Saturday, 12 May 2007

Thursday, 10 May 2007

Victorian era setting.
Queen Victoria had the longest reign in British history, and the cultural, political, economic, industrial and scientific changes that occurred during her reign were remarkable. When Victoria ascended to the throne, Britain was essentially agrarian and rural; upon her death, the country was highly industrialised and connected by an expansive railway network. The first decades of Victoria's reign witnessed a series of epidemics (typhus and cholera, most notably), crop failures and economic collapses. There were riots over enfranchisement and the repeal of the Corn Laws, which had been established to protect British agriculture during the Napoleonic Wars in the early part of the 19th century.
Discoveries by Charles Lyell and Charles Darwin began to examine centuries of assumptions about man and the world, about science and history, and, finally, about religion and philosophy. As the country grew increasingly connected by an expansive network of railway lines, small, previously isolated communities were exposed and entire economies shifted as cities became more and more accessible.
The mid-Victorian period also witnessed significant social changes: an evangelical revival occurred alongside a series of legal changes in women's rights. While women were not enfranchised during the Victorian period, they did gain the legal right to their property upon marriage through the Married Women's Property Act, the right to divorce, and the right to fight for custody of their children upon separation.
The period is often characterised as a long period of peace and economic, colonial, and industrial consolidation, temporarily disrupted by the Crimean War, although Britain was at war every year during this period. Towards the end of the century, the policies of New Imperialism led to increasing colonial conflicts and eventually the Boer War. Domestically, the agenda was increasingly liberal with a number of shifts in the direction of gradual political reform and the widening of the franchise.
In the early part of the era the House of Commons was dominated by the two parties, the Whigs and the Tories. From the late 1850s onwards the Whigs became the Liberals. Many prominent statesmen led one or other of the parties, including Lord Melbourne, Sir Robert Peel, Lord Derby, Lord Palmerston, William Ewart Gladstone, Benjamin Disraeli and Lord Salisbury. The unsolved problems relating to Irish Home Rule played a great part in politics in the later Victorian era, particularly in view of Gladstone's determination to achieve a political settlement.
In May of 1857, the Indian Mutiny, a widespread revolt in India against the rule of the British East India Company, was sparked by sepoys (native Indian soldiers) in the Company's army. The rebellion, involving not just sepoys but many sectors of the Indian population as well, was largely quenched after a year. In response to the Mutiny, the East India Company was abolished in August 1858 and India came under the direct rule of the British crown, beginning the period of the British Raj.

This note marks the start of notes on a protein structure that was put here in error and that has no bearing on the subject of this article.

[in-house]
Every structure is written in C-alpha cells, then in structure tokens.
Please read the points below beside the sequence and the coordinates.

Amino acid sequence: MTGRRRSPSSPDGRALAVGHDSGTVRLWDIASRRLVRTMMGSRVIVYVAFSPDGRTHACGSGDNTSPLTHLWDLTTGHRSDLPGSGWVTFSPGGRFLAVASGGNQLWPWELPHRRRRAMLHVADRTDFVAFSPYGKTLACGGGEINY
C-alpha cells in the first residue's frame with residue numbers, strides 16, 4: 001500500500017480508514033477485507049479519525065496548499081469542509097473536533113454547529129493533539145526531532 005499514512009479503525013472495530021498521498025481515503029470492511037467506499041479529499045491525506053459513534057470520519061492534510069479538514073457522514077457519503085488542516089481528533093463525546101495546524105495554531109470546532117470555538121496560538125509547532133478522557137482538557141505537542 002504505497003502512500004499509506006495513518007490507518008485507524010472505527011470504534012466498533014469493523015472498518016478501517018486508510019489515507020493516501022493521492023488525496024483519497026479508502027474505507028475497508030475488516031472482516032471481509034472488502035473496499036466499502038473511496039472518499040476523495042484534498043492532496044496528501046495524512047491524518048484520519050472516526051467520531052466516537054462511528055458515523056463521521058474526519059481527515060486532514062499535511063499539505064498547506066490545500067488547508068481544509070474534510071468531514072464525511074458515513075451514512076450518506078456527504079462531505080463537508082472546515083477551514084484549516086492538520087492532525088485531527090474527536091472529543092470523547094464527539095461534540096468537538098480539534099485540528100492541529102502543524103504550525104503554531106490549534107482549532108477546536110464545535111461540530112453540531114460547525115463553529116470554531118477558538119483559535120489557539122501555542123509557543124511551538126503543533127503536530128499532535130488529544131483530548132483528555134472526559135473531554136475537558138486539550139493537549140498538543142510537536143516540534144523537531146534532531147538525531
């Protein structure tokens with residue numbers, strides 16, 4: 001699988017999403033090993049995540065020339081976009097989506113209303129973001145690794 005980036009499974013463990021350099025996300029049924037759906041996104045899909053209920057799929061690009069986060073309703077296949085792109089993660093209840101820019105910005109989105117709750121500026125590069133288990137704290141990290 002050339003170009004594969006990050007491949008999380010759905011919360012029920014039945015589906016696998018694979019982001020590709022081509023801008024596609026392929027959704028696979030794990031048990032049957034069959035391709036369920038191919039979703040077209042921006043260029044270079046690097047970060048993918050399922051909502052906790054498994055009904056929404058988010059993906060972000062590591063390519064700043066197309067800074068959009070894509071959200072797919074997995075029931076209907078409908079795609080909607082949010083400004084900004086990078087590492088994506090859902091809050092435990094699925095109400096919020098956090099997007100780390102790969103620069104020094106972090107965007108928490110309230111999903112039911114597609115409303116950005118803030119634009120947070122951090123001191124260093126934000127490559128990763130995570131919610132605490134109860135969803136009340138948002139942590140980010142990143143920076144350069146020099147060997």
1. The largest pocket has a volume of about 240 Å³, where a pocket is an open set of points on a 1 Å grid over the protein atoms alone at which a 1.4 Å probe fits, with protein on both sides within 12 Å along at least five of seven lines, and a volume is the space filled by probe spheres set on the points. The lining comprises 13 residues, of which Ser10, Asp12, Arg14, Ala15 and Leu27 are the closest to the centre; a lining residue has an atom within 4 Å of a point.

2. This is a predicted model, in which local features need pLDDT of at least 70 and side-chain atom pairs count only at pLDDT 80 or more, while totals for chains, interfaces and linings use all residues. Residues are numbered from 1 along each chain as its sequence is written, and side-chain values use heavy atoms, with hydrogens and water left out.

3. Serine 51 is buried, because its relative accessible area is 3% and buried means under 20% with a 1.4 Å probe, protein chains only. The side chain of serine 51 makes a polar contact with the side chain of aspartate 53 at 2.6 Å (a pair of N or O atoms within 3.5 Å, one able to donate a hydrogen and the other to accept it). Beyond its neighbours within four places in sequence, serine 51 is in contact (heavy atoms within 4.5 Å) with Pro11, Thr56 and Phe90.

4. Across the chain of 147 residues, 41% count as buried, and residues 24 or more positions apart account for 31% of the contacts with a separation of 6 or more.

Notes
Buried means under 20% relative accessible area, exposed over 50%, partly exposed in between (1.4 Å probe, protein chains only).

In January 1858, the Prime Minister Lord Palmerston responded to the Orsini plot against French emperor Napoleon III, the bombs for which were purchased in Birmingham, by attempting to make such acts a felony, but the resulting uproar forced him to resign.
In July 1866, an angry crowd in London, protesting Russell's resignation as prime minister, was barred from Hyde Park by the police; it tore down iron railings and trampled the flower beds. Disturbances like this convinced Derby and Disraeli of the need for further parliamentary reform.
During 1875, Britain purchased Egypt's shares in the Suez Canal as the African nation was forced to raise money to pay off its debts.
In 1882 Egypt became a protectorate of Great Britain after British troops occupied land surrounding the Suez Canal in order to secure the vital trade route, and the passage to India.
In 1884 the Fabian Society was founded in London by a group of middle-class intellectuals, including Quaker Edward Pease, 27, Havelock Ellis, 25, and Edith Nesbit, 26, to promote socialism. George Bernard Shaw and H.G. Wells would be among many famous names to later join this society.
On Sunday, November 13, 1887, tens of thousands of people, many of them socialists or unemployed, gathered in Trafalgar Square to demonstrate against the government. Metropolitan Police Commissioner Sir Charles Warren ordered armed soldiers and 2,000 police constables to respond. Rioting broke out, hundreds were injured and two people died. This event was referred to as Bloody Sunday.